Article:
Pandas get dummies (One-Hot Encoding) Explained

Pandas get dummies for one-hot encoding

Pandas get dummies(pd.get_dummies()) allows you to easily one-hot encode your categorical data.

In this tutorial, you’ll learn what one-hot encoding is, what some potential drawbacks of one-hot encoding are, and how to one-hot encode with Pandas, including how to customize the output.

What is one-hot encoding?

One-hot encoding is an important step for preparing your dataset for use in machine learning. One-hot encoding turns your categorical data into a binary vector representation. Pandas get dummies makes this very easy!

This means that for each unique value in a column, a new column is created. The values in this column are represented as 1s and 0s, depending on whether the value matches the column header.

See the image below for a visual representation of what happens:

This can be really helpful for machine learning techniques that require binary and numerical representations of data.

What are some potential drawbacks of one-hot encoding?

One hot-encoding can be very helpful in terms of working with categorical variables. One major drawback, however, is that it creates significantly more data. Because of this, it shouldn’t be used when there are too many categories.

Loading our dataset

Let’s begin this tutorial by loading our required libraries and creating a dataset we can use throughout the tutorial.

import pandas as pd

df = pd.DataFrame.from_dict(
    {
        'Name': ['Joan', 'Matt', 'Jeff', 'Melissa', 'Devi'],
        'Gender': ['Female', 'Male', 'Male', 'Female', 'Female'],
        'House Type': ['Apartment', 'Detached', 'Apartment', 'Semi-Detached', 'Semi-Detached']
    }
)

print(df)

Printing our dataframe returns:

      Name  Gender     House Type
0     Joan  Female      Apartment
1     Matt    Male       Detached
2     Jeff    Male      Apartment
3  Melissa  Female  Semi-Detached
4     Devi  Female  Semi-Detached

How to use the Pandas get dummies function

Using the Pandas get_dummies() returns a dataframe with the column passed in returned as dummy variables. Let’s see how this works in action:

dummy_gender = pd.get_dummies(df['Gender'])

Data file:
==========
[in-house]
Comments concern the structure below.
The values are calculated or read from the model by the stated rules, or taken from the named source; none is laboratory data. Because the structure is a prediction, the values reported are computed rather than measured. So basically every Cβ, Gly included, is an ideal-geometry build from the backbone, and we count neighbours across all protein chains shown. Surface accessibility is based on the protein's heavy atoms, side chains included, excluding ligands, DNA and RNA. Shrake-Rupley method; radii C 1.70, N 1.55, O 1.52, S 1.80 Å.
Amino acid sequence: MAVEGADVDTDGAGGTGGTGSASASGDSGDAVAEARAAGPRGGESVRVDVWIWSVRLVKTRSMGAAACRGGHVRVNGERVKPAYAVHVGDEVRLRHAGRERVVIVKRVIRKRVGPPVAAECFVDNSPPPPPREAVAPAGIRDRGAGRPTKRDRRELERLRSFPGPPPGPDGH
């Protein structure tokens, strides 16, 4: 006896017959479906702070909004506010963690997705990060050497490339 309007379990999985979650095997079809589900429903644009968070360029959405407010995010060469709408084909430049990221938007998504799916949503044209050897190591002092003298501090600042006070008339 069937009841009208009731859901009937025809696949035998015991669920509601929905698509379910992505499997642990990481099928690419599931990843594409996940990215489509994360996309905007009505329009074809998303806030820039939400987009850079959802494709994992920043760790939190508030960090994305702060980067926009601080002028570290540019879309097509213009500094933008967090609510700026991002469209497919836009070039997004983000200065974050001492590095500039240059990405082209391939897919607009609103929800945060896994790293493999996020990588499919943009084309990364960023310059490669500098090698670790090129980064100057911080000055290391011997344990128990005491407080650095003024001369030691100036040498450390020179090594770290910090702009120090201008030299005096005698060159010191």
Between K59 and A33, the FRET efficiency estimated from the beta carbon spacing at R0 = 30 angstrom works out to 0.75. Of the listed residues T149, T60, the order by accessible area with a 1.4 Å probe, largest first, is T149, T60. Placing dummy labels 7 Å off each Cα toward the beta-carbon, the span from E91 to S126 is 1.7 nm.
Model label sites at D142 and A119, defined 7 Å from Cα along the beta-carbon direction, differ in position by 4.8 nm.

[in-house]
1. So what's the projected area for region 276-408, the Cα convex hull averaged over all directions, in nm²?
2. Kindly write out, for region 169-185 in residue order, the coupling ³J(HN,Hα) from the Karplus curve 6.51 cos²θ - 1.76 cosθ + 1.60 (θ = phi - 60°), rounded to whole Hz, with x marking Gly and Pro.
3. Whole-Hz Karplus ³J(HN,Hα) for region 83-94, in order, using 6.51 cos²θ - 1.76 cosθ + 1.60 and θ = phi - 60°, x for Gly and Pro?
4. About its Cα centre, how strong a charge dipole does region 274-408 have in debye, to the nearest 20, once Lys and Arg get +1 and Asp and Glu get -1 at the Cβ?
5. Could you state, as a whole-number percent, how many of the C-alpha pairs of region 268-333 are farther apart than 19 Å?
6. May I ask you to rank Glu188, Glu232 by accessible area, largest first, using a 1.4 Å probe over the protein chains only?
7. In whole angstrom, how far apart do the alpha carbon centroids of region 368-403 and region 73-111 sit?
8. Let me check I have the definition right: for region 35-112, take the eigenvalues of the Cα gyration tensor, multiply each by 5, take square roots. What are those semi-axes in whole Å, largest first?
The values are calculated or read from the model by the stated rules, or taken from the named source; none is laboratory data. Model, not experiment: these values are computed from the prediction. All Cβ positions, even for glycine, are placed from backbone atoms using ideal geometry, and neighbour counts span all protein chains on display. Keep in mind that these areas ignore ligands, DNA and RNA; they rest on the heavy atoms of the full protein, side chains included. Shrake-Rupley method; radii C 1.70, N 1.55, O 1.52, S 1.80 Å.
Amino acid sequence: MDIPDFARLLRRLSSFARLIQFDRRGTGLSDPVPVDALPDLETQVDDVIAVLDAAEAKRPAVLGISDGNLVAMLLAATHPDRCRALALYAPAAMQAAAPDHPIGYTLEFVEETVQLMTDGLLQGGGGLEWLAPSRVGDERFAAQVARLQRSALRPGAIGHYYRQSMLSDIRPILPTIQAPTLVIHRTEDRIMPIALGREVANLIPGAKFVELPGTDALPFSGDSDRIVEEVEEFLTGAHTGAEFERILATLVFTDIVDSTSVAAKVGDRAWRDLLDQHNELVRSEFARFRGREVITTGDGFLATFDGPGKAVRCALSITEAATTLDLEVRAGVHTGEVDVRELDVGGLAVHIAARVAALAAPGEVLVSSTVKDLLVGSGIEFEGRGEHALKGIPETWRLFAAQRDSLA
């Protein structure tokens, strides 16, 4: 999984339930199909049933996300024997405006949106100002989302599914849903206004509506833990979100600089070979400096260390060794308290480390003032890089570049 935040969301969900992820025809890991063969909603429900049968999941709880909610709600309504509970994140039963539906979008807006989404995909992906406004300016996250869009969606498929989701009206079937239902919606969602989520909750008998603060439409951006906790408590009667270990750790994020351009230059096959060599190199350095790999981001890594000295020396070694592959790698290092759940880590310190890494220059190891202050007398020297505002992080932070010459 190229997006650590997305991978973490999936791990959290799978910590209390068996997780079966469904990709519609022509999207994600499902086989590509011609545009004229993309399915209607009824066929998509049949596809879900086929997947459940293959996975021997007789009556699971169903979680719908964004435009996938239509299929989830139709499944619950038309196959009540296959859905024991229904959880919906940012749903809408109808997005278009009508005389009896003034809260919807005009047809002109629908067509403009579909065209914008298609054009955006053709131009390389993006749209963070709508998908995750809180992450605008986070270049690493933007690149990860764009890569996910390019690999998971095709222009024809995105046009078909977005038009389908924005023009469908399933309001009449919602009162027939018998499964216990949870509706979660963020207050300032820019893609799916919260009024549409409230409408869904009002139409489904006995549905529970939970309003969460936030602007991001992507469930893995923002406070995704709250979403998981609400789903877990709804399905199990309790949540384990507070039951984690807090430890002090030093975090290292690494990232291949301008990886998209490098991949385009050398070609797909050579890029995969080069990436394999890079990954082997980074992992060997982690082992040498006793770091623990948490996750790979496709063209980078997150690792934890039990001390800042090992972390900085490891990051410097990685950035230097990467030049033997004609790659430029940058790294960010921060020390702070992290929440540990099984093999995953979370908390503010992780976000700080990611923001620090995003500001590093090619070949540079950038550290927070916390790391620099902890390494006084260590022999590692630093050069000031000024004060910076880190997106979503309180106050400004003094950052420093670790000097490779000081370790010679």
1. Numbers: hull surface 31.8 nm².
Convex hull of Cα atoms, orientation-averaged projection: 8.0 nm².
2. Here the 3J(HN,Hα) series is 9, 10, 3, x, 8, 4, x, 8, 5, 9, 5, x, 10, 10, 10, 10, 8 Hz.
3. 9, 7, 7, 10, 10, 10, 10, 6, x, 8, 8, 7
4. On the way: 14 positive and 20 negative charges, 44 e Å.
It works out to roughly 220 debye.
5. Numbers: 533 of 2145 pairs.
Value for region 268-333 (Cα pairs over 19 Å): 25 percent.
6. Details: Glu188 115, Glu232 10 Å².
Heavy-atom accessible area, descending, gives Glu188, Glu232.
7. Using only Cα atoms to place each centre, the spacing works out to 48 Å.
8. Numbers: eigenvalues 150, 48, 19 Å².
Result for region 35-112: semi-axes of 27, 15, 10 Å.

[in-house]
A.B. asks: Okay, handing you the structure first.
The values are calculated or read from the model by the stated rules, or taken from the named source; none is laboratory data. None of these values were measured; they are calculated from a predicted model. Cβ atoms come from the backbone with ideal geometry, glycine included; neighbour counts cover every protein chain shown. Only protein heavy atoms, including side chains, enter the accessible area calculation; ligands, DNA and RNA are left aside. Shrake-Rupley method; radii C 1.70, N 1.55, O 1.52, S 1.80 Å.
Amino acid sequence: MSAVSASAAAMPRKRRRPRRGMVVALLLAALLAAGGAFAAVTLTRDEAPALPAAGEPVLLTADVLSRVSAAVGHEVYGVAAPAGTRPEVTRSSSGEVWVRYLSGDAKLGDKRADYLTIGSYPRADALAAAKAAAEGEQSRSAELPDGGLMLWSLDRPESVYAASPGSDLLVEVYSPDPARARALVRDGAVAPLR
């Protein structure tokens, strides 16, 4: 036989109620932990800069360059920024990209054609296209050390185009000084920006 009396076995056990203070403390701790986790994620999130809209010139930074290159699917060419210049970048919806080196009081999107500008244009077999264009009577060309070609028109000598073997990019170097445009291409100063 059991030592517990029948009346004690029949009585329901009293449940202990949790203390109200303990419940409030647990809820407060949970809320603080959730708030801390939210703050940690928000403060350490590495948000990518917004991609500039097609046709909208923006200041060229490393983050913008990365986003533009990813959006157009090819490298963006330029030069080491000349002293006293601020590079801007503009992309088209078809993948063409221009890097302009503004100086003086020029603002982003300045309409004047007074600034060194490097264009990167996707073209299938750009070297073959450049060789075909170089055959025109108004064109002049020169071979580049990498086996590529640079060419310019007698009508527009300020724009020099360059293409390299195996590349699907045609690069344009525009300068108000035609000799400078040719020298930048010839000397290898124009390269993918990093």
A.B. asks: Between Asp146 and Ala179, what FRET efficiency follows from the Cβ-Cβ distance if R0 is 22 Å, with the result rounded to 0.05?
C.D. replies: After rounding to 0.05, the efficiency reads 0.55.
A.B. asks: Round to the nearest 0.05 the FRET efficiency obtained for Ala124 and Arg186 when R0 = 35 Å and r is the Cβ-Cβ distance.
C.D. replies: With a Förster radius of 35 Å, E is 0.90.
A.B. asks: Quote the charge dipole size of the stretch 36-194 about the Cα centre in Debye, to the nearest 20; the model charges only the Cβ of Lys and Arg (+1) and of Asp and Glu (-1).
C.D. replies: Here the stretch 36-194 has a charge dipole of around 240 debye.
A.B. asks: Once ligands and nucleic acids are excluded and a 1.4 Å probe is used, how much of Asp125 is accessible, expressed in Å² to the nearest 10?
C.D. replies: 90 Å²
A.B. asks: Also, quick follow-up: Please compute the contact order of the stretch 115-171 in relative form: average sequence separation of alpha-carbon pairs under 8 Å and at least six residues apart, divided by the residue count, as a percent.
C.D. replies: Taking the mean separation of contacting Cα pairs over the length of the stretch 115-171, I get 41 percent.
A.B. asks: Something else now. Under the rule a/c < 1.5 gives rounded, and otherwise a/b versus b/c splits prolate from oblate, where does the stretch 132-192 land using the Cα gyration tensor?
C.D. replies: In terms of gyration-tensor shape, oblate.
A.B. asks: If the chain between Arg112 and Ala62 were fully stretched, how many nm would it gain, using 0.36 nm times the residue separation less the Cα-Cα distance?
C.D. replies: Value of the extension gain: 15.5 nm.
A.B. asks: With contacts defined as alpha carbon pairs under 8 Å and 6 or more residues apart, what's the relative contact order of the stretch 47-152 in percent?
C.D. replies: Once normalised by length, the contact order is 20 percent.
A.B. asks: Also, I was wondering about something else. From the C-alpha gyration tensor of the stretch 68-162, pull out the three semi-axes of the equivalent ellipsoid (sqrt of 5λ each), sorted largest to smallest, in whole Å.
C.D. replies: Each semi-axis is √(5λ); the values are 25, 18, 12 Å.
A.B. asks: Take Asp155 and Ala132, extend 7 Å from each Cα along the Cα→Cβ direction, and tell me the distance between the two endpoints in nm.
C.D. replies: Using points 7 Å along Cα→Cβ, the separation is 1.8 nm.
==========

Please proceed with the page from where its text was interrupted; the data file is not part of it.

print(dummy_gender)

This returns the following dataframe:

   Female  Male
0       1     0
1       0     1
2       0     1
3       1     0
4       1     0

This is really helpful, but it unfortunately doesn’t include the other columns. For that to happen, we need to merge it back into the previous dataframe.

df = pd.merge(
    left=df,
    right=dummy_gender,
    left_index=True,
    right_index=True,
)

print(df)

This returns the following:

      Name  Gender     House Type  Female  Male
0     Joan  Female      Apartment       1     0
1     Matt    Male       Detached       0     1
2     Jeff    Male      Apartment       0     1
3  Melissa  Female  Semi-Detached       1     0
4     Devi  Female  Semi-Detached       1     0

Adding a Prefix to the One-hot Encoded Columns

Once you start one-hot encoding multiple columns, it can get a little confusing. Let’s see how to do this using the prefix= parameter. By default, the prefix= parameter will default to being separated by an underscore (_).

We’ll include the prefix gender:

dummy_gender = pd.get_dummies(df['Gender'], prefix='Gender_')

df = pd.merge(
    left=df,
    right=dummy_gender,
    left_index=True,
    right_index=True,
)

print(df)

This returns the following dataframe:

      Name  Gender     House Type  Gender_Female  Gender_Male
0     Joan  Female      Apartment              1            0
1     Matt    Male       Detached              0            1
2     Jeff    Male      Apartment              0            1
3  Melissa  Female  Semi-Detached              1            0
4     Devi  Female  Semi-Detached              1            0

Check out some other Python tutorials on datagy, including our complete guide to styling Pandas and our comprehensive overview of Pivot Tables in Pandas!

How to one-hot encode a Pandas dataframe

Following on the example above, let’s take a look at how we can one-hot encode our entire dataframe’s categorical columns.

Using the code below, we loop over different categorical columns, merge them into the original dataframe, and finally drop that column from the dataframe to reduce redundancy.

categorical_columns = ['Gender', 'House Type']

for column in categorical_columns:
    tempdf = pd.get_dummies(df[column], prefix=column)

    df = pd.merge(
        left=df,
        right=tempdf,
        left_index=True,
        right_index=True,
    )

    df = df.drop(columns=column)

print(df)

This returns the following:

      Name  Gender_Female  Gender_Male  House Type_Apartment  House Type_Detached  House Type_Semi-Detached
0     Joan              1            0                     1                    0                         0
1     Matt              0            1                     0                    1                         0
2     Jeff              0            1                     1                    0                         0
3  Melissa              1            0                     0                    0                         1
4     Devi              1            0                     0                    0                         1

Conclusion

In this post, you learned how to generate dummy variables and what one-hot encoding is.

To learn more about the pandas get_dummies() function, check out the official documentation.